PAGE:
Godfrey R. Sullivan

Sure. There's so many good ways to do anything that I think about competition back to what is the customer trying to achieve? If we can help the customer achieve it in record time with great results, we'll probably get rewarded for that business. And we've learned over time what we really do well, which are those segments that I showed you on that block chart. So that's kind of how we think about it. We know who our competitors are in each of those segments. Generally, what we run into in competition is someone who's really good at that one block. So they're a security vendor and they do that thing really well, but they don't have an indexing engine that can -- the more data you put into it, the more value you get and it can scale out to where you can ask operational questions, business questions, analytic, whatever. So we tend to -- I mean, this is how it works with every customer. Your CIO friends will validate this. When we go out to compete, the guy who's up in the block will be arguing that they have more functionality than we do at that thing, and they're probably right. And we argue, you don't want to do that thing. You want to do this big thing, you want to get this big indexing engine where you can put lots of data into it so that you can ask more questions. So where they win, it's because the customer made a decision for the narrow-purpose, high-functionality point solution and where we win is when we are able to paint a broader vision about what you want to do with your data. That's how it works everyday.

Raimo Lenschow - Barclays Capital, Research Division

Yes, and if you think about the -- who would be, I mean, potentially coming up, if you think about could an IBM be that kind of develop something that looks like Splunk and beat. I mean, the thing for is more like can you just kind of highlight again for me, for the audience the importance of the platform because I think that seems to be like the platform and the applications are sitting on top of that, as kind of the sticky part.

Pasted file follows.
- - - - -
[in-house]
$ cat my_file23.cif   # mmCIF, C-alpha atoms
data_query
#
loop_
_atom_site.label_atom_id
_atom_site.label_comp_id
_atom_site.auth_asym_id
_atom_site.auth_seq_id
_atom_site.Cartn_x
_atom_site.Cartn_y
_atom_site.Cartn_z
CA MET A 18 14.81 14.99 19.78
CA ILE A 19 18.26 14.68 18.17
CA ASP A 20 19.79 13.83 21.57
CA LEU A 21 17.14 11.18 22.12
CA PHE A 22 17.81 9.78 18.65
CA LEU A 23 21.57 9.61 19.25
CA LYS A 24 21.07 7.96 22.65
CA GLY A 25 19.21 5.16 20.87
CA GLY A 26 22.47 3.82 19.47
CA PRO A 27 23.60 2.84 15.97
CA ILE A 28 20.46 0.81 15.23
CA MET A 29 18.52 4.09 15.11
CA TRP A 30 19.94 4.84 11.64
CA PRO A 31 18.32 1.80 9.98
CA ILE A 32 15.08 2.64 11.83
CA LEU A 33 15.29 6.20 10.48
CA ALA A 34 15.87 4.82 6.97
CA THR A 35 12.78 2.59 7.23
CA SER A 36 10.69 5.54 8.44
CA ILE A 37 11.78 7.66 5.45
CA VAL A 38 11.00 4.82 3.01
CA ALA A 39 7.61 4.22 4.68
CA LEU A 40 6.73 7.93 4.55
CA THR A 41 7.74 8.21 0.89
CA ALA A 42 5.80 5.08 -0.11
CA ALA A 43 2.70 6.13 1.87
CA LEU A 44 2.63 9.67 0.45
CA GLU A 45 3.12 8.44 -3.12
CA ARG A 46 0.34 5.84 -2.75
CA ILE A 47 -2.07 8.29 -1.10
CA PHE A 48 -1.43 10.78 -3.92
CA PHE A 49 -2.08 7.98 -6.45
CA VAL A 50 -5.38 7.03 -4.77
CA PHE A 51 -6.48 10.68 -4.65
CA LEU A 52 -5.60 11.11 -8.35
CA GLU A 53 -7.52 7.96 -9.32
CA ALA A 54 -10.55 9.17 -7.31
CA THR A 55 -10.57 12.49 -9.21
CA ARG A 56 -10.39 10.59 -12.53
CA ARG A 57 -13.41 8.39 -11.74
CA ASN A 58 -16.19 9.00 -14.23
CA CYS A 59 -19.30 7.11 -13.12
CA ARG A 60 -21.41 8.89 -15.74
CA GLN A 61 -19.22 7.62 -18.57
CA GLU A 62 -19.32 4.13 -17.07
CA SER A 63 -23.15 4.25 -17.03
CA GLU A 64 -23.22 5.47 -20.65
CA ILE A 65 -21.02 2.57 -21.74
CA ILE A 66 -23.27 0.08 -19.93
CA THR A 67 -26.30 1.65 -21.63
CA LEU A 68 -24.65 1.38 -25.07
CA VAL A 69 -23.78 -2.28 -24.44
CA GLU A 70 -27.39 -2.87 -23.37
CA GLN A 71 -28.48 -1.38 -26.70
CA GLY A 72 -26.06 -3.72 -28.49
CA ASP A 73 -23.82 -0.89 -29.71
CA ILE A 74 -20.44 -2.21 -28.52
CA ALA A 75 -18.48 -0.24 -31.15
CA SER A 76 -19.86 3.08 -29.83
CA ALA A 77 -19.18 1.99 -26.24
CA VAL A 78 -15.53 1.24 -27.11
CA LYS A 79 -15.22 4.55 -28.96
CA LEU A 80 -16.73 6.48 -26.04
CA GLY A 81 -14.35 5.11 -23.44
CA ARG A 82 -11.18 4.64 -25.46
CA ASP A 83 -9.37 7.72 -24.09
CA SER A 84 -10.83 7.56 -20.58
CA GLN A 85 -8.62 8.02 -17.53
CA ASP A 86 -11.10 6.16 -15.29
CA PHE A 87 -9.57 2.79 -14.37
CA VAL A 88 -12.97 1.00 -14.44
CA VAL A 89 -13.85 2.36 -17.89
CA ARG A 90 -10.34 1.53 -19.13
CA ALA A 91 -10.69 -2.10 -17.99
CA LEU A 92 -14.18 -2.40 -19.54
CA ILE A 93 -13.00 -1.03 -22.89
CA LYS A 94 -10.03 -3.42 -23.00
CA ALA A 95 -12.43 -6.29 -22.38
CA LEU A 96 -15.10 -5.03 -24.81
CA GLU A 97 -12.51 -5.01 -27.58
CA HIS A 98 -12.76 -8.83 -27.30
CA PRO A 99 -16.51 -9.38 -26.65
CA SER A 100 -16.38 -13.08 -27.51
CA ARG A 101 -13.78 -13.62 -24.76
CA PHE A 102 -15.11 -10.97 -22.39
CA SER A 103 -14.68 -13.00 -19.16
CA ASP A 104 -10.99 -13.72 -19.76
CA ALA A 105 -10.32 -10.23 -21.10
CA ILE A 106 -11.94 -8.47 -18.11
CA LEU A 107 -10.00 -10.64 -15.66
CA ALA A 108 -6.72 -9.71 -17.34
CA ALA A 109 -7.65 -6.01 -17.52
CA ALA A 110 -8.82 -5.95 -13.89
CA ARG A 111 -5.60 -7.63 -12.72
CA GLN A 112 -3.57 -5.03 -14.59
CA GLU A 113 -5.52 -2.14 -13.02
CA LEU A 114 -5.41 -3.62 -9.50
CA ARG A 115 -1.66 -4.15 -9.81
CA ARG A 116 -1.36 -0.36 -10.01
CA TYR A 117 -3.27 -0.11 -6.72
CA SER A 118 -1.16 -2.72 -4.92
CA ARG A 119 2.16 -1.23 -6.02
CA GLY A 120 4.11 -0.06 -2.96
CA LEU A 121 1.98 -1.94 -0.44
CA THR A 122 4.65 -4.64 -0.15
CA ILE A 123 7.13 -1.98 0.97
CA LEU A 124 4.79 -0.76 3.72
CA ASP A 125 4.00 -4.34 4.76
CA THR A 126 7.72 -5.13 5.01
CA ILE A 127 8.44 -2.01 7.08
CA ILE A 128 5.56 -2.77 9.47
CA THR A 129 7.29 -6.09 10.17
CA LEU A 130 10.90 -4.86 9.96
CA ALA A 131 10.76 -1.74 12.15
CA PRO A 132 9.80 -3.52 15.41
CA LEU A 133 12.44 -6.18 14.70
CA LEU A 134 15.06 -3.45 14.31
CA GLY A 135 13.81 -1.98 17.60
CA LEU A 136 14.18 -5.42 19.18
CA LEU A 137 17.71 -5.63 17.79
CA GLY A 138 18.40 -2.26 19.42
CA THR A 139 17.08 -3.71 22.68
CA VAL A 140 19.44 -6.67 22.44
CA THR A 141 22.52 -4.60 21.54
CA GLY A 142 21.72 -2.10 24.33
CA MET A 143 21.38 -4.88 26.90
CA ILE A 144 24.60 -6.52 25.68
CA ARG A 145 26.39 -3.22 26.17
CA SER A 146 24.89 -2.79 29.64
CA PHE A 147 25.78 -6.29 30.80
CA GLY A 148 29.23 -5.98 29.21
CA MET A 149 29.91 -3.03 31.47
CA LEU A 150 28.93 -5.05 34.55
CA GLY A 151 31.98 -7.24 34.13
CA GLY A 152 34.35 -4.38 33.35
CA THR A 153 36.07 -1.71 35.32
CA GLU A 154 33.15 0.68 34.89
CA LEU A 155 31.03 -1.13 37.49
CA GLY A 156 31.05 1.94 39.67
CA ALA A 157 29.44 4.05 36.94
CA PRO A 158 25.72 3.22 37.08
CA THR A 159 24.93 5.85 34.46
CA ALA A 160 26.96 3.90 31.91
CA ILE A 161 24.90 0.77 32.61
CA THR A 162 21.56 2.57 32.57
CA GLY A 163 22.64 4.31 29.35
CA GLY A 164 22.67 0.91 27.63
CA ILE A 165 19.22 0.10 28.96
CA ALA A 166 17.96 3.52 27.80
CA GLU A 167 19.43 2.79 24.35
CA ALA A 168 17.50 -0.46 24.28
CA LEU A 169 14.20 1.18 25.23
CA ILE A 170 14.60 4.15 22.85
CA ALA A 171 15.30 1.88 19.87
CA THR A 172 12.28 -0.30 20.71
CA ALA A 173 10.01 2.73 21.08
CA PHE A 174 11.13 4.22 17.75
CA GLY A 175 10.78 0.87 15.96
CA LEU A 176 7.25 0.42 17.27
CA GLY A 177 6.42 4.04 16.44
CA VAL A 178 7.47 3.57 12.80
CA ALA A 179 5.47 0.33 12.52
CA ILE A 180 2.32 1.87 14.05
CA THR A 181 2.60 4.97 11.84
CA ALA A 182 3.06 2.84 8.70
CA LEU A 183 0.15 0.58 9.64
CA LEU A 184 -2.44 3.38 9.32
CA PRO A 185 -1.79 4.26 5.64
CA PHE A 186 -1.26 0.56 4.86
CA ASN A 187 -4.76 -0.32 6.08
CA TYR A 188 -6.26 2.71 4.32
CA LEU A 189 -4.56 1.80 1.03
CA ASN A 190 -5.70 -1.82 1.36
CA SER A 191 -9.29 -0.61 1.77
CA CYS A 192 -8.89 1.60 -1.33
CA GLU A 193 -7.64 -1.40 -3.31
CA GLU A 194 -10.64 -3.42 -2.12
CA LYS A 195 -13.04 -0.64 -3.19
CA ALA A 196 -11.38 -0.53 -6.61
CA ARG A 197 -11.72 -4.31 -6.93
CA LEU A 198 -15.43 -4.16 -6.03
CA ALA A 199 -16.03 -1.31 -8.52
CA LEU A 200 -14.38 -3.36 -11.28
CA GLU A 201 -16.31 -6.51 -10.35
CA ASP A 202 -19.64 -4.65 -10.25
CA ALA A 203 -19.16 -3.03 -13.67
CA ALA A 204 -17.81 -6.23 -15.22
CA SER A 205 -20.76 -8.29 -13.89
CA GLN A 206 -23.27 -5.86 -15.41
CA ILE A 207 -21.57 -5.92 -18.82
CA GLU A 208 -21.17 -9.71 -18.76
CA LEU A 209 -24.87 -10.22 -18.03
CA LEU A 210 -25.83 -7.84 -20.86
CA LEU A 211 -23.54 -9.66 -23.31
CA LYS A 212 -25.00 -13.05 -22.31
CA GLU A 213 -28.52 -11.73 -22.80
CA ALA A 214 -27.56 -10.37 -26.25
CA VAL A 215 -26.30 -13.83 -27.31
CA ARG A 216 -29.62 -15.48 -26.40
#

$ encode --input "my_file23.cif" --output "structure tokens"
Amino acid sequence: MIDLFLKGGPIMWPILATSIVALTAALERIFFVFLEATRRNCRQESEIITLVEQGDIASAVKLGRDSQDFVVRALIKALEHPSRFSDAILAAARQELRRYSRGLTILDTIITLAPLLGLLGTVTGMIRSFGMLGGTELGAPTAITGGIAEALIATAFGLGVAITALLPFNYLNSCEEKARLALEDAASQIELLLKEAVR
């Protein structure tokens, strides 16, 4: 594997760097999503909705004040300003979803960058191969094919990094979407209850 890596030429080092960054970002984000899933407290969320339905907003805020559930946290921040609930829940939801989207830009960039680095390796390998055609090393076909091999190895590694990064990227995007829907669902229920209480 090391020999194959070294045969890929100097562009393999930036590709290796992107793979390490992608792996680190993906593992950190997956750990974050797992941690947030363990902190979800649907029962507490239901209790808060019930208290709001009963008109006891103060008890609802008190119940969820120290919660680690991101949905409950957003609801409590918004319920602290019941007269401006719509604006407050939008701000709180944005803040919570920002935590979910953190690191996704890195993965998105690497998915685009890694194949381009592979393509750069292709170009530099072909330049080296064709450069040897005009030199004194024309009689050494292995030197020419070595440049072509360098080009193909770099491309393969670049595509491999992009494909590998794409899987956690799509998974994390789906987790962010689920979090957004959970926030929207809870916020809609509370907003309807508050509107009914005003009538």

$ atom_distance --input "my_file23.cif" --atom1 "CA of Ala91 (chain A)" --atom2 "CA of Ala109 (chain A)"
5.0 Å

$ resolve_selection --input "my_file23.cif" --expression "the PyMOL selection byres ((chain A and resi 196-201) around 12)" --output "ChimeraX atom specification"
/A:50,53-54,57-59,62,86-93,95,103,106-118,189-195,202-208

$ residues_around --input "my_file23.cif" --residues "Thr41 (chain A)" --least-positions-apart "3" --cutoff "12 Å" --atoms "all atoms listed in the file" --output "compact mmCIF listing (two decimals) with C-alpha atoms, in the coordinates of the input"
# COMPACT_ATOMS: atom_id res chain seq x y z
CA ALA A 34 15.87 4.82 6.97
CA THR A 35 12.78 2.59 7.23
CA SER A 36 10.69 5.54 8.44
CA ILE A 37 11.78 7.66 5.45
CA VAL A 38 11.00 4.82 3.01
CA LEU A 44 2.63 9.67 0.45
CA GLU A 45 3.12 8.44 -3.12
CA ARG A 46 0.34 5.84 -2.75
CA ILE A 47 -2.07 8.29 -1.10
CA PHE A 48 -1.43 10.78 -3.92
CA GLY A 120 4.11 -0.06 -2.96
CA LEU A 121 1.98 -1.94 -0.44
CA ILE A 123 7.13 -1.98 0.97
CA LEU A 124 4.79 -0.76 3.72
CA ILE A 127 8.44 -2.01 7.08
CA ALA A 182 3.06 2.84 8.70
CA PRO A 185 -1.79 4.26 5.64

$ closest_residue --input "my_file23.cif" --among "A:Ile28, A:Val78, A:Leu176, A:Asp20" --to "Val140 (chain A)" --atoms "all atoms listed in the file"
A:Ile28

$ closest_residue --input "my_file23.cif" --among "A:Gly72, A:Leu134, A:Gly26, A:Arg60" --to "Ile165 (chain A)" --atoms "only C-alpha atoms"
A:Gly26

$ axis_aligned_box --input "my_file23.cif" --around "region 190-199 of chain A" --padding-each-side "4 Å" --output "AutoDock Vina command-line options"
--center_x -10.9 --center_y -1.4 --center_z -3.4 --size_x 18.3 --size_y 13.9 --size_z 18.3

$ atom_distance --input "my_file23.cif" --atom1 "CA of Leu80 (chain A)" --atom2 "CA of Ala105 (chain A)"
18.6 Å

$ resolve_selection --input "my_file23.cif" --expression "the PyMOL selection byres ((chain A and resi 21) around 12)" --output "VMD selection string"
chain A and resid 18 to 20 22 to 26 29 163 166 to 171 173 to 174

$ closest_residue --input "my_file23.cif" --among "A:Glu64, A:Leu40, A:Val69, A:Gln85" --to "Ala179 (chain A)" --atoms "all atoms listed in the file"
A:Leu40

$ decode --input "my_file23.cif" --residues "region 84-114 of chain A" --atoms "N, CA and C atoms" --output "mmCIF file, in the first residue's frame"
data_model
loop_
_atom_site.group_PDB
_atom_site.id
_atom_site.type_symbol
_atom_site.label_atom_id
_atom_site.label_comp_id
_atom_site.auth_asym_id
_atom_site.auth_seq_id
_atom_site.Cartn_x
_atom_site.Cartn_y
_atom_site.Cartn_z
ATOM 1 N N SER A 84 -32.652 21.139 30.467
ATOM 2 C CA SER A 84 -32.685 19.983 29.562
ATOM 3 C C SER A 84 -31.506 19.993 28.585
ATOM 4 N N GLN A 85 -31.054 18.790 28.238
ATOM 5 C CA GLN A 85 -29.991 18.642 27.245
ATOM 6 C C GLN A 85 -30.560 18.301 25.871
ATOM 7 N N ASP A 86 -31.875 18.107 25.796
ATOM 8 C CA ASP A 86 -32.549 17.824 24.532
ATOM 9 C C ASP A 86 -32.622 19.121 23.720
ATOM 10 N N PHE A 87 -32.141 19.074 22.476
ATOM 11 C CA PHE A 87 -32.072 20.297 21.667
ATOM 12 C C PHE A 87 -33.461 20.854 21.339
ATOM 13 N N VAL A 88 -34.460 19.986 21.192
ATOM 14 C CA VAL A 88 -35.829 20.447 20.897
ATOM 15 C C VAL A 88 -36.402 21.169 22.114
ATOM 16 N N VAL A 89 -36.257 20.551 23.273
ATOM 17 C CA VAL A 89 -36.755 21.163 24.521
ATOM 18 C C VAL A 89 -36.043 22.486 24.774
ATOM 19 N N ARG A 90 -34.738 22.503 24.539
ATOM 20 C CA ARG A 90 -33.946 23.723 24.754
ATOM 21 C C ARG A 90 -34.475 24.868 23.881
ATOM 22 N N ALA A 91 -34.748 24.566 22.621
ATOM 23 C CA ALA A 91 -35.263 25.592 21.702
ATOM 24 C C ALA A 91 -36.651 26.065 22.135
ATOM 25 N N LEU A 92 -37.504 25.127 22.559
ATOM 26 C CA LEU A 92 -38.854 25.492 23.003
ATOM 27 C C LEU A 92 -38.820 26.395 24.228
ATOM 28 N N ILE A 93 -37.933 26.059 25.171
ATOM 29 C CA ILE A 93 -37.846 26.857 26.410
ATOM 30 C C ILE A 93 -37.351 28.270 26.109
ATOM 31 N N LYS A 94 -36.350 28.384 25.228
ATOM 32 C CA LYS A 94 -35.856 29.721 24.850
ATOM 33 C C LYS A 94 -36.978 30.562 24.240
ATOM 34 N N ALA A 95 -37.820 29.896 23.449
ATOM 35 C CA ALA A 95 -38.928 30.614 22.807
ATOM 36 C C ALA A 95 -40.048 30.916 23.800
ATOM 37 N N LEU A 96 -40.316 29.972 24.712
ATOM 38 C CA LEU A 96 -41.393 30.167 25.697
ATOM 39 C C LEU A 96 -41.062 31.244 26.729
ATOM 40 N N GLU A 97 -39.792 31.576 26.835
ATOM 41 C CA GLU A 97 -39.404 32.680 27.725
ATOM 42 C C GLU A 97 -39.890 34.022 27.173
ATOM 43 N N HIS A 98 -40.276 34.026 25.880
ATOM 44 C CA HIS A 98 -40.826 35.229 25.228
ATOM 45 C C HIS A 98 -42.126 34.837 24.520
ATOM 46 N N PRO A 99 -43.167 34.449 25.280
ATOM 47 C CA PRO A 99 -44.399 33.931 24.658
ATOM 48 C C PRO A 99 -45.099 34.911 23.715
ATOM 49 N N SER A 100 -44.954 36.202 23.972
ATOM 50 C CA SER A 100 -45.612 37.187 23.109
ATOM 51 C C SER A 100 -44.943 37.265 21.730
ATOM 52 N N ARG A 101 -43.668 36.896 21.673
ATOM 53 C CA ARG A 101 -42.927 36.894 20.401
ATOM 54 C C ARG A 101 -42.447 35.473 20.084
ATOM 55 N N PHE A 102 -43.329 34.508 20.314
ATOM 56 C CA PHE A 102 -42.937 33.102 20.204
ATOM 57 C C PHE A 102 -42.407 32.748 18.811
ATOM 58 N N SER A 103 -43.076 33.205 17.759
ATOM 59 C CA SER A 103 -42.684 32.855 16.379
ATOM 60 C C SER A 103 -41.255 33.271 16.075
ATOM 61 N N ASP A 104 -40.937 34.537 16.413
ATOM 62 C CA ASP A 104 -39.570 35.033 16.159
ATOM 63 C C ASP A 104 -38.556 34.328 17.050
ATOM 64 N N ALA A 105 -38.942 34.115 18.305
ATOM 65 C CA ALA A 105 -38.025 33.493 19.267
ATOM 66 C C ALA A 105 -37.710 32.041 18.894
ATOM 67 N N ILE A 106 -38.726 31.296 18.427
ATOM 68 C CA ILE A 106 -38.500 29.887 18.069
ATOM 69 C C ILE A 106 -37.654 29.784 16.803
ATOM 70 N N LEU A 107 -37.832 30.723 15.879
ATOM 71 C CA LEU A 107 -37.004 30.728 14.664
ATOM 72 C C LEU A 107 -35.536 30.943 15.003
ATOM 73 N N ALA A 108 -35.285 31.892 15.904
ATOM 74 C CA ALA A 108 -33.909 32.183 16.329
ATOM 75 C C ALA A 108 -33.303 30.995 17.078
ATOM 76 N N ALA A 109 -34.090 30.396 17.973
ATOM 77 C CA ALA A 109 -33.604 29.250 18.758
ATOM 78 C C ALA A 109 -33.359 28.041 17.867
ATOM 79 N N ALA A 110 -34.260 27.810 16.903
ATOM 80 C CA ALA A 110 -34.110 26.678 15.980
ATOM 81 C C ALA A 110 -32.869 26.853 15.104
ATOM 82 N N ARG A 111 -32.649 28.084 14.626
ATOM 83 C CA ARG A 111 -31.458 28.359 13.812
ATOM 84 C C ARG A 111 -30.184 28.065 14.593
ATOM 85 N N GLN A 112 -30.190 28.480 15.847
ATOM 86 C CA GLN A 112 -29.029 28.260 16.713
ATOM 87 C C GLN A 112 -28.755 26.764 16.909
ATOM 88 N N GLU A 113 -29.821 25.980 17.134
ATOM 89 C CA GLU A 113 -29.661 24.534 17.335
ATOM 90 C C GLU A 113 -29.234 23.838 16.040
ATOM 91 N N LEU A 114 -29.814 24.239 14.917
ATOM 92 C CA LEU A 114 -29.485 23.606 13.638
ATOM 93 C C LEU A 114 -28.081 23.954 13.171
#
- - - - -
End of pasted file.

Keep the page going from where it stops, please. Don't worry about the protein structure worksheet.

Godfrey R. Sullivan

Right. Gosh, on a day-to-day basis, we think about sort of legacy vendors and we don't consider them competition because this is a new way to do it and customers seem to be validating that. As I look ahead, I think it will be more of a choice about how -- do customers want to spend years trying to build something or do they want to buy it? So if you look at enterprise software spend globally and over time, one of interesting things you'll see is that about half of all revenue spent on enterprise software is spent on custom built and about half is on purchased software. That's about how the data shakes out. And our job is to move people from wanting to manage their logs the old-fashioned way, the manual way or the -- something. And have them -- have an experience where Splunk can do it for them immediately and easy and fast and no headaches and also improve every other part of their systems. So I really look at long-term competition as the money spent on all the kits, all the tools, all the things you have to bolt together to get something to work and the amount of time it takes. And we have a lot of customers who start there. The little ones don't. They just -- they love the fact that they can just use Splunk and -- out-of-the-box and off they go. A lot of the bigger ones start and say, "Well, we can do this, we're -- we have thousands of developers and we're smart people and they go off and spend a couple of years trying to design something that does this and then we come back in and we replace that system. So there's still a lot of opportunity for us and the competition in my mind is more about market awareness and it's about customer success. The more customers we get in every category, it starts to become its own rolling thunder. So now I'm bullish about our aspirations in the future because we have so many customers who encourage us to that place so...

Raimo Lenschow - Barclays Capital, Research Division

Perfect. Hey, with that, Godfrey, thank you very much for joining us. I know it's a busy day for you. Thank you.

Godfrey R. Sullivan

Thanks, everyone. Appreciate the invitation.

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Source: Splunk, Inc. Presents at Barclays Second Annual Big Data Conference, Feb-11-2013 12:00 PM